I don't really think that Christensen's original research and thesis were as bad as Lepore makes out. I did get several useful insights from the book: particularly, a reminder of how desperately managers cling to existing margin models. (Not really news to me: I recall Varityper's VP of Marketing explaining to me that he would like to sell a publishing front end based on Apple's $10k Lisa computer but couldn't afford to sell one based on Apple's then-forthcoming $1.5k Macintosh. The former turned out to be an overpriced stepping stone, while the latter turned out to be the desktop publishing platform that ate the entire typesetting industry. We were, by the way, fully aware of DTP start-ups like Aldus, but we were petrified by our business model.) But what I find indefensible about Christensen is how he turned his research into a business, and how easily he perverted that research into paid advertising.
My academic background was in sociology, and my focus there was in understanding how sociological research is perverted to reproduce the assumptions of its practitioners. Happens all the time, even when the researcher isn't the least bit corrupt or deceitful. But sociology at least aims at being a science. The same can't be said of whatever you call what business departments do: like, say, seminaries, they train people to fulfill a function (e.g., CEO) and to that end provide some common cultural information, scattered skills, and contacts. I don't know what all goes into the making of an MBA -- I imagine one popular course would be "Sports Clichés for Managers" but it could be that everyone in the program would test out of that -- but the essential insight MBA programs aim for seems to be that money is everything (at least all that matters). That's the environment that produces con men like Christensen.
Some other posts commenting on Lepore's piece:
Krugman makes the best point, which is that not only does the cult theory of disruptive innovation flatter rich high-tech entrepreneurs, it lets them be more insensitive to the plight of others (the people commonly known as losers. Krugman also recalls how Schumpeter's famous definition of capitalism as "creative destruction" has the same effect, hence its popularity among capitalists.
Thursday, June 19. 2014
I was thinking about doing a roundup of Iraq/Syria war posts, but despite finding some useful links -- cf. Juan Cole: Who are Iraq's Sunni Arabs and What Did We Do to Them?; Bob Dreyfuss: How Iraq's Crisis Got Started, and How It Didn't -- they seemed to be coming in rather scattershot. Then I ran across the following Obama quote in a comment and it pretty well sums up the essential incoherence of the American position(s). Obama's quote was from November 2010 on occasion of "The Erbil Agreement" which secured a second term as Prime Minister for Nouri al-Maliki:
Maliki got his first term in 2006 when the Bush administration conspicuously meddled in Iraq's political process to get rid of then-Prime Minister Ibrahimi al-Jaafari, an intellectual who was considered too socialist and too timid when it came to controlling the Sadr Movement militia (the Mahdi Army), perceived by the US as a major threat to its occupation. Maliki proved to be an effective strong man, but that was partly because the US could offer Sunni Awakening groups protection against Shiite assassination squads. With the departure of US troops, the protection and bribes that the US had provided vanished behind a thin cloud of rhetoric such as Obama spouts above.
Obama's speech is doubly dangerous. The obvious problem is that what he's describing is pure fantasy: Maliki is a sectarian, and the entire basis for his government, indeed the very structure of that government, was a set of tradeoffs designed to cultivate and reward sectarian parties. It may be obvious to Obama that what the Iraqi government needs to do is to is to become more inclusive and fair, but there was no reason to think that any politician in Iraq would put the public interest above his own pocketbook (and that of his own family, clan, etc.). That just wasn't in the cards, and that wasn't an accident: the US built Iraq that way.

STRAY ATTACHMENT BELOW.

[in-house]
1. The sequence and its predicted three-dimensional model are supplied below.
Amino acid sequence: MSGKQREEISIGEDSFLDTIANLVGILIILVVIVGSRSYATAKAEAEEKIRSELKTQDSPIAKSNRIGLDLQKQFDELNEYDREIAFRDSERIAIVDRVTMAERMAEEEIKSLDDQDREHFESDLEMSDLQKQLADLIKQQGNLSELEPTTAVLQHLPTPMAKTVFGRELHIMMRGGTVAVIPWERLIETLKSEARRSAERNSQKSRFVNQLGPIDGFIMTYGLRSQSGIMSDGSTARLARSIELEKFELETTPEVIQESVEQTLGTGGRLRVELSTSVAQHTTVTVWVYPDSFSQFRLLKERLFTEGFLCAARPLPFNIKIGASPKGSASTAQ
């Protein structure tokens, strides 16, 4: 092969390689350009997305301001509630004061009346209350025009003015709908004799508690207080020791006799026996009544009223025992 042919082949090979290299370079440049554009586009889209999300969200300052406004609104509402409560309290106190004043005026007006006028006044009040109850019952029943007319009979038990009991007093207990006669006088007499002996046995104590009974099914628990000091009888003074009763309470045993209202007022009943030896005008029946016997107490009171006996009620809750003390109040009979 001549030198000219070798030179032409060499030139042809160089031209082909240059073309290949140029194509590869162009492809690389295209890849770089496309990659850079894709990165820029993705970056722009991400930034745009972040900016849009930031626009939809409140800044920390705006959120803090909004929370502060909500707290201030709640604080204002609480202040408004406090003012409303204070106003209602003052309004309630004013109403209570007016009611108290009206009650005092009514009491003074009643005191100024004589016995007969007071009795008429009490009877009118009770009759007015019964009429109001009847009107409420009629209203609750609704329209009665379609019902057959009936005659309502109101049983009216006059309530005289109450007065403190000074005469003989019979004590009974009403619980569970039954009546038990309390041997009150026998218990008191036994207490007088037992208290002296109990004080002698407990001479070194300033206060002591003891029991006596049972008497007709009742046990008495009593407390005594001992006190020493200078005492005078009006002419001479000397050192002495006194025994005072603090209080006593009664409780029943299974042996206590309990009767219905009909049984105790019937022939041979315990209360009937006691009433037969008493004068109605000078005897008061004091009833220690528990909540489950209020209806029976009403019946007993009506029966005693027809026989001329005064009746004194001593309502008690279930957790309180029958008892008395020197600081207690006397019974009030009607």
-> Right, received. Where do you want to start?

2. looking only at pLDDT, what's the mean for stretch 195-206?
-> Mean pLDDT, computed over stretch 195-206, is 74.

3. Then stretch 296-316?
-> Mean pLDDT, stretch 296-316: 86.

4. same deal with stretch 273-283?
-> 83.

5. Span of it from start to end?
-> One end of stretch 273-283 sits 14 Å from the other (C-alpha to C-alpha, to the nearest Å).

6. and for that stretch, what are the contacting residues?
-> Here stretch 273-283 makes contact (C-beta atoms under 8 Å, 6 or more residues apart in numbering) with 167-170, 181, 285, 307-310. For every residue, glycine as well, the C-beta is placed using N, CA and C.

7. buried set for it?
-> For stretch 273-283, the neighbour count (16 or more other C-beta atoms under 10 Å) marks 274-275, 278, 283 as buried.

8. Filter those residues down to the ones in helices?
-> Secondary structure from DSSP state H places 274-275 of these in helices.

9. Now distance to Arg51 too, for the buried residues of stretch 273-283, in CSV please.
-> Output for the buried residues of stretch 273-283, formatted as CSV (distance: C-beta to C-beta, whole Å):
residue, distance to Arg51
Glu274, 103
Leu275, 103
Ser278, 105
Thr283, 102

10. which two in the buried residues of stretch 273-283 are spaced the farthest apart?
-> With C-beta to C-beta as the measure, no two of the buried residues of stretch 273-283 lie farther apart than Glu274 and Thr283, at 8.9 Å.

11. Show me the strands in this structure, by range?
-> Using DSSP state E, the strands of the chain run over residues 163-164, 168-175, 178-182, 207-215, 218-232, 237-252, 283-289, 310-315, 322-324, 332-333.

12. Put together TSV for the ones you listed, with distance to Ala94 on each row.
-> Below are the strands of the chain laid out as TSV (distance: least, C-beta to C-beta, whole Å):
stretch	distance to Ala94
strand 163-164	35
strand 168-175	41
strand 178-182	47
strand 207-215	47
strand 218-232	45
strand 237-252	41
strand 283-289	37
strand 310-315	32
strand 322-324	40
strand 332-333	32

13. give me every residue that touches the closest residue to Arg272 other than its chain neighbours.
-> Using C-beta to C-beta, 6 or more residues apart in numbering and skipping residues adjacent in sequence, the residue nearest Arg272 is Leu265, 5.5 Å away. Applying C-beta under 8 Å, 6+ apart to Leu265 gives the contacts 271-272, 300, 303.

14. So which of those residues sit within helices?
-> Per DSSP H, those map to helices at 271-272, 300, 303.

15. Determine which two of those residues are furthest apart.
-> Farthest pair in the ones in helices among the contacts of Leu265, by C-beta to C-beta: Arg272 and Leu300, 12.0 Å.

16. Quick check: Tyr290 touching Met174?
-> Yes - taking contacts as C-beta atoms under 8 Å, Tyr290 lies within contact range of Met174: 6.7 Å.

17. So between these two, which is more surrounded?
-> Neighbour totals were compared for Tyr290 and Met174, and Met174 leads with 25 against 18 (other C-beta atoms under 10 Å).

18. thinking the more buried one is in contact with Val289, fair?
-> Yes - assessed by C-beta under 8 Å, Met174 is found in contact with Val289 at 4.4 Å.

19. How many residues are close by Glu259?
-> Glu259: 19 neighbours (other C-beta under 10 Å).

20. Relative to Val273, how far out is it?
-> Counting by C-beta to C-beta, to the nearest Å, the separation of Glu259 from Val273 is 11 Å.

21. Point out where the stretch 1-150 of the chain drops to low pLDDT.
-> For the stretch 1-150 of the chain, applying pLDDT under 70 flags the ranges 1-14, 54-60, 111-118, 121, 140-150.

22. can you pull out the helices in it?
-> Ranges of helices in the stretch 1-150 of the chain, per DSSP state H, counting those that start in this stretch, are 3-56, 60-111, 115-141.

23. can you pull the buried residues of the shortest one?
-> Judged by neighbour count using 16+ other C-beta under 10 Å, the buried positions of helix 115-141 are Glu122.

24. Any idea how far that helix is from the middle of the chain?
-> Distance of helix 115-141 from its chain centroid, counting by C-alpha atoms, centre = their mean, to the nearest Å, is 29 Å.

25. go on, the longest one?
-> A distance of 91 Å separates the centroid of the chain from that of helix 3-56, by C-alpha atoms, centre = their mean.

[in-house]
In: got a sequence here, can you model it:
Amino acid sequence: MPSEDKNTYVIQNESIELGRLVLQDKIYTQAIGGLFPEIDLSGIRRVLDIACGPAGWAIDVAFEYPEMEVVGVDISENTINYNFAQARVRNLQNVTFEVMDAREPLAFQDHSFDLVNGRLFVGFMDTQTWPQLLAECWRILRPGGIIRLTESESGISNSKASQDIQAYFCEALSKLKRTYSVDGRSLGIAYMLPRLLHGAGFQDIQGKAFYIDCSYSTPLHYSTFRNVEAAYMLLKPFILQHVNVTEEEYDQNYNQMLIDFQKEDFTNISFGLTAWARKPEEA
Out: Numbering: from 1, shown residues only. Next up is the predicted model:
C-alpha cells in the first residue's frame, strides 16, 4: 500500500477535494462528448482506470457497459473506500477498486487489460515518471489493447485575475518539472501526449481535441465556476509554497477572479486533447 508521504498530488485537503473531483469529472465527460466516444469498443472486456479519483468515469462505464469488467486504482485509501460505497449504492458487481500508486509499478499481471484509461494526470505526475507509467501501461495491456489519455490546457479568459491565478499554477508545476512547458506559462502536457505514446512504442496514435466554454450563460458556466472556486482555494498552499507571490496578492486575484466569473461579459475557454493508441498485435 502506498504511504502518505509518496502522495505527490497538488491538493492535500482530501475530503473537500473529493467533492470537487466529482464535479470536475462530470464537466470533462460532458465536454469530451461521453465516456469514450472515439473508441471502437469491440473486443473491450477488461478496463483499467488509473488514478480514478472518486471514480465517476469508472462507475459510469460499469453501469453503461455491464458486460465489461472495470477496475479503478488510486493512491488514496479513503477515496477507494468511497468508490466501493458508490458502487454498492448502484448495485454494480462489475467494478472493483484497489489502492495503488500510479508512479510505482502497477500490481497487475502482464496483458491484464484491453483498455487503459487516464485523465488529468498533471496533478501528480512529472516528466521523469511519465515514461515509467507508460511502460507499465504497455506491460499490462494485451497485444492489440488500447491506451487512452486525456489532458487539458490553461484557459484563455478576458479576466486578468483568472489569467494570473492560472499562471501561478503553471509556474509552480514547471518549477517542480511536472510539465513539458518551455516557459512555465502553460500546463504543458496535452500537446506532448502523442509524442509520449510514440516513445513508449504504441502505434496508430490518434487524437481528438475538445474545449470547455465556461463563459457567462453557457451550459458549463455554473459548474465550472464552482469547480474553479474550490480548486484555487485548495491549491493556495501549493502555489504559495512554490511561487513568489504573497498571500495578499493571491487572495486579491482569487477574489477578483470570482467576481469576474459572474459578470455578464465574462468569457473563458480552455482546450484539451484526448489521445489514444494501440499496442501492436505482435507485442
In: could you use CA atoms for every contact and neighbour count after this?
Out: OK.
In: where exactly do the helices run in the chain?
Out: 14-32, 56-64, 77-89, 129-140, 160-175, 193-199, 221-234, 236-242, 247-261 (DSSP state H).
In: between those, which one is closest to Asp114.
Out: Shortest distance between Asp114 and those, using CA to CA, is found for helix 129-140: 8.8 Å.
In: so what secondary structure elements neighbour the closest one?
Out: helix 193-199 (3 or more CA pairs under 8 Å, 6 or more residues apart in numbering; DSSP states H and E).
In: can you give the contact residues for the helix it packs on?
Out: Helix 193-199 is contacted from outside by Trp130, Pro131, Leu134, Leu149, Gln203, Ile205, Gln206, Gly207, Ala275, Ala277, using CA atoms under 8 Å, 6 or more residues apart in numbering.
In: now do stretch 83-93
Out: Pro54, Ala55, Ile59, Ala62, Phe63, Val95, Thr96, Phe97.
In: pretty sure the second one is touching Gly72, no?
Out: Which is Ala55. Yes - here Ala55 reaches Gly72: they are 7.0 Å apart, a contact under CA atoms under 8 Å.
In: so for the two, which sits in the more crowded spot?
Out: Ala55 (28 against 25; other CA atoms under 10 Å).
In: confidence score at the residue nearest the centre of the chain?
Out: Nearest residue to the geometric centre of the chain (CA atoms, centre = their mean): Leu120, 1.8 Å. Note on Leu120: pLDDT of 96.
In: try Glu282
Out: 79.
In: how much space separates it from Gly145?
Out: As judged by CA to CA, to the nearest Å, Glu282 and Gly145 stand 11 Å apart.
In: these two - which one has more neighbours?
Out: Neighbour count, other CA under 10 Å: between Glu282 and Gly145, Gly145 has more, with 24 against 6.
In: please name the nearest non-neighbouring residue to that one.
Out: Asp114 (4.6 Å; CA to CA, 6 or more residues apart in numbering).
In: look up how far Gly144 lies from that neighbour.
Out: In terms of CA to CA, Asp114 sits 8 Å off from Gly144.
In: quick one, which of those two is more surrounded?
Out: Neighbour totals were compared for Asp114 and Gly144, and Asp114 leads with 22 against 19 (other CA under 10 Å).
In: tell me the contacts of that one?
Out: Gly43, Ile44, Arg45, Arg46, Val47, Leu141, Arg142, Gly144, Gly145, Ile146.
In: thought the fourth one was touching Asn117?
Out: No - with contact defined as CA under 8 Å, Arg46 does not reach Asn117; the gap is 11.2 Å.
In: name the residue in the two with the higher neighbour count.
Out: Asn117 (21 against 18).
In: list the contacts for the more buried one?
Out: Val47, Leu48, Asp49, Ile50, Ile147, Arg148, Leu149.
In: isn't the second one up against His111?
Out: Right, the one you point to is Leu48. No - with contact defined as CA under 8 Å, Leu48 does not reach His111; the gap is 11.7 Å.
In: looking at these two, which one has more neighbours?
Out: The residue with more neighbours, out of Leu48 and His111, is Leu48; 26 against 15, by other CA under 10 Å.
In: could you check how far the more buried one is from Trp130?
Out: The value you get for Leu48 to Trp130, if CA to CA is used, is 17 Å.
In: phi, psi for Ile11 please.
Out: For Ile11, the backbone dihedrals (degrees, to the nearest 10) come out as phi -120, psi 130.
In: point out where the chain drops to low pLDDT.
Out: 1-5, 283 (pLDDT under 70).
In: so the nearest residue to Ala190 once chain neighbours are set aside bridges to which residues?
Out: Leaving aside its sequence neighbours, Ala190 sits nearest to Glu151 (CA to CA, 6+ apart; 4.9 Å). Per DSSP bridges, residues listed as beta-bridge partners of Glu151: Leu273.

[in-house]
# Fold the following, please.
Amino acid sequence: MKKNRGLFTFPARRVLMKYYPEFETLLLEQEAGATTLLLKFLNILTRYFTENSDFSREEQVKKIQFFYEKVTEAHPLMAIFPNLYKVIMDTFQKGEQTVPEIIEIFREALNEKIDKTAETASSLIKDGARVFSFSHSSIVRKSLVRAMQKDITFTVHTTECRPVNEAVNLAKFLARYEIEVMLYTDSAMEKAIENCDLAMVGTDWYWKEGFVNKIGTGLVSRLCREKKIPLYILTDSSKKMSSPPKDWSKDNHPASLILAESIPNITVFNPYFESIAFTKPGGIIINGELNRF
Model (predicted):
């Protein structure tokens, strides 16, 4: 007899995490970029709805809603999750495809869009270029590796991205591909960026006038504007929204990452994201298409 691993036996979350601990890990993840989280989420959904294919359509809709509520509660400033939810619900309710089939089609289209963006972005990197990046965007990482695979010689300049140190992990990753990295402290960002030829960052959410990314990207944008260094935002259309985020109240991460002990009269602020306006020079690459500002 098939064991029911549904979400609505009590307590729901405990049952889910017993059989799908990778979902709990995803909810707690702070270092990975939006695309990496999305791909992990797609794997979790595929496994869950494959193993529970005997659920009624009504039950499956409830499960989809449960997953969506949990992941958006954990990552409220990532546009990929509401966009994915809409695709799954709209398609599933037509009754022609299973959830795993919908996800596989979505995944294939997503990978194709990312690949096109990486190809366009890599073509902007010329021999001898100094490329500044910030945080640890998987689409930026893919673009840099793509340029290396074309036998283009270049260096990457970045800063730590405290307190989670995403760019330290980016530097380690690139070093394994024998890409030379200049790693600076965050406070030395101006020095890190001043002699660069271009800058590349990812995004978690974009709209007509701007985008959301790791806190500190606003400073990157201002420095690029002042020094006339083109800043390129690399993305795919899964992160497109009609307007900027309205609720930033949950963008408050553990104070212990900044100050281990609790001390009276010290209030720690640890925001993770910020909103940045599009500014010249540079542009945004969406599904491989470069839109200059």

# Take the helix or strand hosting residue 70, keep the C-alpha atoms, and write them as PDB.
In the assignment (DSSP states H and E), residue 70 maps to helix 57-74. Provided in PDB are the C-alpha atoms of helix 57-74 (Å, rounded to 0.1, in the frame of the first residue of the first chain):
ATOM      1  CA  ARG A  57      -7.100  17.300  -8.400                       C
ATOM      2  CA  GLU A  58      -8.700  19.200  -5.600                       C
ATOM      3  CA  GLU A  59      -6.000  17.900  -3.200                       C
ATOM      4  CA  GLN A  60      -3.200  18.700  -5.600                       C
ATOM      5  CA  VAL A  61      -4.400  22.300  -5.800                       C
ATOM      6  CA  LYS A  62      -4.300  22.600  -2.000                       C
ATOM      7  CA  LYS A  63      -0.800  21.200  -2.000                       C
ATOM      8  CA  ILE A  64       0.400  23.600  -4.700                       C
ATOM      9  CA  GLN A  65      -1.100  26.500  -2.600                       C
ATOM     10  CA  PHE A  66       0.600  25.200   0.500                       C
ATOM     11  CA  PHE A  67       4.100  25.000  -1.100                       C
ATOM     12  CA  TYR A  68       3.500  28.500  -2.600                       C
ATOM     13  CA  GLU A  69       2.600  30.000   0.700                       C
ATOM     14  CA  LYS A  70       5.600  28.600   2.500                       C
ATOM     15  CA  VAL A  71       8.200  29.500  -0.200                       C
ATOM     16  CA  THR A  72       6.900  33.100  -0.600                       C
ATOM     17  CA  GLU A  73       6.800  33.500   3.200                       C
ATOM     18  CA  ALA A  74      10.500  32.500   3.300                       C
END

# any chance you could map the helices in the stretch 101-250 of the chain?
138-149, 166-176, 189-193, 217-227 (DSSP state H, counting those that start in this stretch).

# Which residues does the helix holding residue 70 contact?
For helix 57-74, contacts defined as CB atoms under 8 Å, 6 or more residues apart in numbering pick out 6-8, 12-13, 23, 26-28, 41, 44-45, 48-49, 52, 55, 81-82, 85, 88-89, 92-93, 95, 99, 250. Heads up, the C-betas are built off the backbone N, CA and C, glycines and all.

Beyond the obvious problem of its fantasy lies a deeper problem in Obama's speech: he's trying to use Iraq's progress toward stability and prosperity as something vindicating Bush's invasion and occupation of Iraq. For someone who gained a large chunk of his credibility for his early opposition to the Iraq War, his stance is stupid and insane. It's stupid because it wasn't true and it's falsity would become clear as soon as Iraq's government faltered -- which is what just happened. It's also stupid because it shifts the blame for Iraq's failure from Bush (who was solely responsible for the war) to Obama (casting away the credibility he gained from his antiwar stance). What Obama should have done is to remind people that this was Bush's war each and every time the subject came up, that it was a disaster, and what the real costs have been. Instead, Obama's legacy is littered with speeches like the one above, where he not only lies to us, he lies to himself. That's insane.
Many commentators (e.g., see Dreyfuss above) have pointed out that the Sunni Islamist insurgencies in Syria and Iraq are joined together. That is, after all, embedded in the name ISIS. They've also pointed out that while Iran and Qatar are consistent in supporting their co-religionists, the US is confused, backing Maliki while opposing Assad. It's certainly hard to see either government as worthy of support, nor is there any reason to think that either insurgency would solve anything. Indeed, the only sensible lesson that one can derive from either war is that all those who resort to violence should be condemned. But Obama isn't drawing that lesson, and you have to wonder why. The simplest explanation is that Maliki is "our" guy while Assad isn't, but that assumes continuity between the Bush administration (which was responsible for empowering Maliki) and Obama. Then there's the notion that the US can't help but choose sides and back one with military power -- there's simply no one in power who can think differently.